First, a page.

Yes, it really was challenging on several levels, but in a really good way. And everything happened (or at least, I experienced everything) just as I’ve written it. Where the ‘visions’ came from, I’m not sure. And I’m sure Sue would know all about the pendulum, how lovely that it came from your great grandmother, and is a warm stone like amber – I bet that makes it even more effective.
And what was I going to tell you about the tattoo? About my tattoo??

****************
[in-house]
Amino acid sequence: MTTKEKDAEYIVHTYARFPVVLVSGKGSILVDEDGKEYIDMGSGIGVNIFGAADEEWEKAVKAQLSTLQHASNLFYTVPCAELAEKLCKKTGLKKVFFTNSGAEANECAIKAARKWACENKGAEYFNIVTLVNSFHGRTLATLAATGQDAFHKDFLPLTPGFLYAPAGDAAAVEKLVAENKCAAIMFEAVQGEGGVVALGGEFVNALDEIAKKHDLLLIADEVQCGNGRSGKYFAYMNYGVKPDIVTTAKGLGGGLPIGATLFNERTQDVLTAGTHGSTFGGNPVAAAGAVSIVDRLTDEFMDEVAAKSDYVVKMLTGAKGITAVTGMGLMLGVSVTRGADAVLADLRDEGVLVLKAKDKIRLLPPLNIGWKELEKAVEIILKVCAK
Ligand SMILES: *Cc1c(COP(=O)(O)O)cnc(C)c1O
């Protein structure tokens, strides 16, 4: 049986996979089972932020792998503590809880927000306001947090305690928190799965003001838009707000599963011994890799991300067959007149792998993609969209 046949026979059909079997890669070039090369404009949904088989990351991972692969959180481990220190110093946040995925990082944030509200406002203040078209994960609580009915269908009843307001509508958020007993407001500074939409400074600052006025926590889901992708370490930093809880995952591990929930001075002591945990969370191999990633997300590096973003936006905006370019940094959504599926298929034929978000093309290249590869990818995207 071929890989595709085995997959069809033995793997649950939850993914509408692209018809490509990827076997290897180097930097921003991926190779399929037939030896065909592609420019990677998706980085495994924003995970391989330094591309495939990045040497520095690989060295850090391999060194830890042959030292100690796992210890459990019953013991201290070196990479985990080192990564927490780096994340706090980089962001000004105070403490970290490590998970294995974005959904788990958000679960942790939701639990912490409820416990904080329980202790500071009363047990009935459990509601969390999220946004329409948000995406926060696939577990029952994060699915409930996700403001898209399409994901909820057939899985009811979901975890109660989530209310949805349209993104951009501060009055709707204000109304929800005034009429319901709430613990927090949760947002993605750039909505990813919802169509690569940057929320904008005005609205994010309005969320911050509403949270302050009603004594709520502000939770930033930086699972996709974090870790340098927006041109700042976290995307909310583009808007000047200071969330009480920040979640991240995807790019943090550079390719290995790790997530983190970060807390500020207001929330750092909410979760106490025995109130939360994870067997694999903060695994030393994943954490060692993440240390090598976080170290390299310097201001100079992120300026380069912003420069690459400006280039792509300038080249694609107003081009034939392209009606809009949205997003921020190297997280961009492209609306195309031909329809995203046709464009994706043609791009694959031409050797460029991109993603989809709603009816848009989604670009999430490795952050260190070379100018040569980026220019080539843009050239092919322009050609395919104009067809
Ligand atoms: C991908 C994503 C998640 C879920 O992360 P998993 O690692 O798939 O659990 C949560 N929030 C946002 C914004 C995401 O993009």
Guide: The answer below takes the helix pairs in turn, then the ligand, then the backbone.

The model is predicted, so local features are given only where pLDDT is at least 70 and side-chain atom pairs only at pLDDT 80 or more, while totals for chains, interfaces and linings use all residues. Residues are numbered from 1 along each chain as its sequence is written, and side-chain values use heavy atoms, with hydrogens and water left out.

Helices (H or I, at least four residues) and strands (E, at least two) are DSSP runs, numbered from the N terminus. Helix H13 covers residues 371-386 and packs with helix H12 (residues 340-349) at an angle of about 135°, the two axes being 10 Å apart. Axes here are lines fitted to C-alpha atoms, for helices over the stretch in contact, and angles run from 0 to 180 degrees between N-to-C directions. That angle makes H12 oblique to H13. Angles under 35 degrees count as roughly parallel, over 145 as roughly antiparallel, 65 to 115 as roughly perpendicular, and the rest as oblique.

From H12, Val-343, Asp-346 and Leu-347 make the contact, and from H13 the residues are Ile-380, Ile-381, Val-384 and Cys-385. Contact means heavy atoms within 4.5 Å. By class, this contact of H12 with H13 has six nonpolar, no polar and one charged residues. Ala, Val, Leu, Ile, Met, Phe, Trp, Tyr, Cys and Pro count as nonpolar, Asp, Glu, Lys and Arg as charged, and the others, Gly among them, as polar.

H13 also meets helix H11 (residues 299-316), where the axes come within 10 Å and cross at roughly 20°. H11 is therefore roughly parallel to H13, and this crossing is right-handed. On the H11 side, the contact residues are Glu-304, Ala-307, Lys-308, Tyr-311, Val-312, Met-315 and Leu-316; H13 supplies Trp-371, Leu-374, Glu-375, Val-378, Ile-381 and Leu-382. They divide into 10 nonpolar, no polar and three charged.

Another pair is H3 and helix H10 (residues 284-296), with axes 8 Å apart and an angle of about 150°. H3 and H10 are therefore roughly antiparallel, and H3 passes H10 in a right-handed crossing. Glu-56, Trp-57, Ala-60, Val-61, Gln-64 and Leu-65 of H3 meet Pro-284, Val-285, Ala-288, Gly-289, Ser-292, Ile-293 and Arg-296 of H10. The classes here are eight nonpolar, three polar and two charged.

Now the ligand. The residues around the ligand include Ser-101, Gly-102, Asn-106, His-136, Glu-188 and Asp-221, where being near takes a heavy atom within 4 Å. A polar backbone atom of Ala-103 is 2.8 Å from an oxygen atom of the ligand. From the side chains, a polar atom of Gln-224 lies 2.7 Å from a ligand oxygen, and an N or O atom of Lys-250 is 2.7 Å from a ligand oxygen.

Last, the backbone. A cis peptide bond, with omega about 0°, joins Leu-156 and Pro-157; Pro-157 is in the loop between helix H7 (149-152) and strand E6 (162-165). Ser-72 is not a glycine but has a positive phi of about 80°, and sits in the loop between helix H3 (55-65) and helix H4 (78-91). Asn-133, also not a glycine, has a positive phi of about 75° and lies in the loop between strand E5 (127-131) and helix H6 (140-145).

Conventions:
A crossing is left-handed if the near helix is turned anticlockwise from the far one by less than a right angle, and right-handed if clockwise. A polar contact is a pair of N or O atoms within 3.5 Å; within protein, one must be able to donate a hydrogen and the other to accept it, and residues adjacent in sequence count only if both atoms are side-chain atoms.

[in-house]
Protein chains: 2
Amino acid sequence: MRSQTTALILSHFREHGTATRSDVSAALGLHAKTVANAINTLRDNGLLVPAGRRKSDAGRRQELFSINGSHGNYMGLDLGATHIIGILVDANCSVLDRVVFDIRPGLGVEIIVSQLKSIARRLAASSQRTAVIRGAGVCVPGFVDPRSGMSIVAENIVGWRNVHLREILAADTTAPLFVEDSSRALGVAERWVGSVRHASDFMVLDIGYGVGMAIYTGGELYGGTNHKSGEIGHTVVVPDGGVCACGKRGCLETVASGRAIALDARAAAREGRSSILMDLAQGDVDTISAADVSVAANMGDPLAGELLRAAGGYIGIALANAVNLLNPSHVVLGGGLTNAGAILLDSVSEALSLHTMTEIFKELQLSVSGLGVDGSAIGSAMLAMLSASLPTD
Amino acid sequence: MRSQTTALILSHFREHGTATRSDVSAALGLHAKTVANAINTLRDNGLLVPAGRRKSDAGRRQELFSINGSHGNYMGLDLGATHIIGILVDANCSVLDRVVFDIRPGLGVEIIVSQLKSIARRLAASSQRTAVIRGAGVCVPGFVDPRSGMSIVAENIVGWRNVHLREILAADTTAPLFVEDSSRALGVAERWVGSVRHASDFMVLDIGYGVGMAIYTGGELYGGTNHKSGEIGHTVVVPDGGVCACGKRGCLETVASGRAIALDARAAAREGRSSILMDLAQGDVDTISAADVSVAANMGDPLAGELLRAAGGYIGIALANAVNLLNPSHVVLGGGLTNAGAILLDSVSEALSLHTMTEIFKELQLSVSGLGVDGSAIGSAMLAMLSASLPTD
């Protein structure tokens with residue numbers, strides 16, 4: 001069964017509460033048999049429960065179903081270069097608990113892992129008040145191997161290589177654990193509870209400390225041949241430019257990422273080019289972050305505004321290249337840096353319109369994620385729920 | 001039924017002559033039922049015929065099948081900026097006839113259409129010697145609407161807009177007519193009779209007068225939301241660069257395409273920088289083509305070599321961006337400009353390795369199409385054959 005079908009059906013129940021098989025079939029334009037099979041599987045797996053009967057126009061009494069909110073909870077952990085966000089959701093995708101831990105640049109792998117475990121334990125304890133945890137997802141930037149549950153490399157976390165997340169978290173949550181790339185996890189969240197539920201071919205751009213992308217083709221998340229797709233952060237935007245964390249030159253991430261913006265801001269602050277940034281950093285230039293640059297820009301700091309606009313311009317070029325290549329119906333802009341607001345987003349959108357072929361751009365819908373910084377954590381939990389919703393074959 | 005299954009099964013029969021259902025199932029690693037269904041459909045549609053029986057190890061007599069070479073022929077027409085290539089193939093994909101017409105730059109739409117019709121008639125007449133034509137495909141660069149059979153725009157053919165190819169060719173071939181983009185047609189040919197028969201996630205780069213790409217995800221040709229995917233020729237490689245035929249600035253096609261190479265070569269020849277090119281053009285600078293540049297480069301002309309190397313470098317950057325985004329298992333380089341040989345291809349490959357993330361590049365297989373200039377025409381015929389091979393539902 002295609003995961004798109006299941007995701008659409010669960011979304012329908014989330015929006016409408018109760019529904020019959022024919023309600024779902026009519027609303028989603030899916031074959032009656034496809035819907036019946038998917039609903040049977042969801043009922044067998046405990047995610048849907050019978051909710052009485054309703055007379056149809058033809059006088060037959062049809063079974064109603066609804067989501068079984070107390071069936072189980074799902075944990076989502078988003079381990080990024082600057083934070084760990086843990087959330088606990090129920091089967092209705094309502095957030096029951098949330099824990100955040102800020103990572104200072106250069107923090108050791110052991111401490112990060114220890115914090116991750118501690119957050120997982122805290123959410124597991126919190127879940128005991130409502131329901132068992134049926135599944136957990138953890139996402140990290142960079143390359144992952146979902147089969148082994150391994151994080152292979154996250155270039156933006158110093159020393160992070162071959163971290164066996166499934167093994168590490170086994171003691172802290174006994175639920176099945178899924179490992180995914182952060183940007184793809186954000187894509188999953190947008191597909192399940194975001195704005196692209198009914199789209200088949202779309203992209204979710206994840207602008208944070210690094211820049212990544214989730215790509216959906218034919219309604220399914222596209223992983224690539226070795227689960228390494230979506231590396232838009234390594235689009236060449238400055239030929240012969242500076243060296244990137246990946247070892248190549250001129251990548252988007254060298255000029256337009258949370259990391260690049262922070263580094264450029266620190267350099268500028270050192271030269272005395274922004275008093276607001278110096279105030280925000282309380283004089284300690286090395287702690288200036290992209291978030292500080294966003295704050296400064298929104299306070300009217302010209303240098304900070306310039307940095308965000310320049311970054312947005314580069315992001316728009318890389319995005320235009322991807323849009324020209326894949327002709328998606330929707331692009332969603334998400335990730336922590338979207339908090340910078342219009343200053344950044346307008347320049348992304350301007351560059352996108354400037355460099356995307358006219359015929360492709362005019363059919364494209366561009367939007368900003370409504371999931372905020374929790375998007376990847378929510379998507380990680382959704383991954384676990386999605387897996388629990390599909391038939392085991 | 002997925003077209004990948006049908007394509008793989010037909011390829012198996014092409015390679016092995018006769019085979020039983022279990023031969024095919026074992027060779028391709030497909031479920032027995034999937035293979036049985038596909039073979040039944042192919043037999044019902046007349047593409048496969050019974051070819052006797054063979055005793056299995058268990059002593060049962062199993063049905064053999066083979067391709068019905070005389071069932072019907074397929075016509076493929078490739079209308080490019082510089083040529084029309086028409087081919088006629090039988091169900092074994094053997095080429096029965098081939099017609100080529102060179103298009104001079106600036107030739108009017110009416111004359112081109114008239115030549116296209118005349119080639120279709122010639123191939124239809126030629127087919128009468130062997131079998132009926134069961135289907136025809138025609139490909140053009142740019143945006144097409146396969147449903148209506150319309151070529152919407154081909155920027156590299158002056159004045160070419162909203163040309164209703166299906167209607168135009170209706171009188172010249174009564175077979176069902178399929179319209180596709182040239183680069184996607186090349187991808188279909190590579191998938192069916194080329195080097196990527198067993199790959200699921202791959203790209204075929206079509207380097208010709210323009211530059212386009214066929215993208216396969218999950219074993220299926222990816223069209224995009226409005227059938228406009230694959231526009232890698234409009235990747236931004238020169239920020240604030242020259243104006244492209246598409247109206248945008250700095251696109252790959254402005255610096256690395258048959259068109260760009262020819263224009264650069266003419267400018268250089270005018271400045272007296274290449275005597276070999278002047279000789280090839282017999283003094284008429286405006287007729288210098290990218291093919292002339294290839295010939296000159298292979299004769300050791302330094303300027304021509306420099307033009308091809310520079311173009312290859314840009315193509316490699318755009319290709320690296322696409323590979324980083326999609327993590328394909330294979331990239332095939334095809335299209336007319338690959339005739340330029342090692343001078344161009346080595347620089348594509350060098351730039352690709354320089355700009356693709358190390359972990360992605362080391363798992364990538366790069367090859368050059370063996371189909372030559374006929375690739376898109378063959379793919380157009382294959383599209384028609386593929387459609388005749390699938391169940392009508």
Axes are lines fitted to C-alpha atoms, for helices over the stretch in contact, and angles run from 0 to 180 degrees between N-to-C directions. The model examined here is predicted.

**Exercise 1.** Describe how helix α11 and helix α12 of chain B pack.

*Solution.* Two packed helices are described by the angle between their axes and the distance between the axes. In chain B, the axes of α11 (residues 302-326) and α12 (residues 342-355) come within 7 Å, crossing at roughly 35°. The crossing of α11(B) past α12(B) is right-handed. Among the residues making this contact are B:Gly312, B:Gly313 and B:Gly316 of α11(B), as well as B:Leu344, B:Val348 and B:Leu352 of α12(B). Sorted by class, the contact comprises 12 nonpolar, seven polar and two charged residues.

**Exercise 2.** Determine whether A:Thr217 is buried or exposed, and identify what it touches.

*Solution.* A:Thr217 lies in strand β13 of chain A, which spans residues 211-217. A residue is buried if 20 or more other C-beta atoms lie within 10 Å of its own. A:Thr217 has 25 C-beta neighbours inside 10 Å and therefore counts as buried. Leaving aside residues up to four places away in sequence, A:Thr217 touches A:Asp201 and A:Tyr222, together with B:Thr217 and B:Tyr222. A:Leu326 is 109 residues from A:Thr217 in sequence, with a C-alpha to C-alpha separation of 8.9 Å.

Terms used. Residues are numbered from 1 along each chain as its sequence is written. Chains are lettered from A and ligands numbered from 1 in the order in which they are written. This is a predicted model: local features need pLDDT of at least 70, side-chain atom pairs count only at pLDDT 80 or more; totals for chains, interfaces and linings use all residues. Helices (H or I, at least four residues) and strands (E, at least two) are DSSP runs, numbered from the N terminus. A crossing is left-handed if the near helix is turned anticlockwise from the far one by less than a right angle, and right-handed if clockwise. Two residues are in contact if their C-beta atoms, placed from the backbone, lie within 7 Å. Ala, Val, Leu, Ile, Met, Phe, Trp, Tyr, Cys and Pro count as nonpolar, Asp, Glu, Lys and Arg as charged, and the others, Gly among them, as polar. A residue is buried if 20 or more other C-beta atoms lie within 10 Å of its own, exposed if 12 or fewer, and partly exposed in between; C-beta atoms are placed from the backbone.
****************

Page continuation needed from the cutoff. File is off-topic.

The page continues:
Amber is one of the witch stones, worn as a necklace to represent the Goddess. It should make a wonderful pendulum with the association with your grandmother, Ali. Using it more should make it ‘work’ better for you, though I think for youngsters dosing is a much easier skill to acquire than it is when you get older. My Grndad taught me as a toddler and I doswed pipes and bowls of water all round the house with a pair of bent wire coathangers 🙂
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Heathen that I am, I didn’t experience any strong feelings either way when Sue and Stuart took us up there. But it’s a great place to let the imagination go wild, isn’t it?
It certainly is – you almost feel out of time, wandering around up there.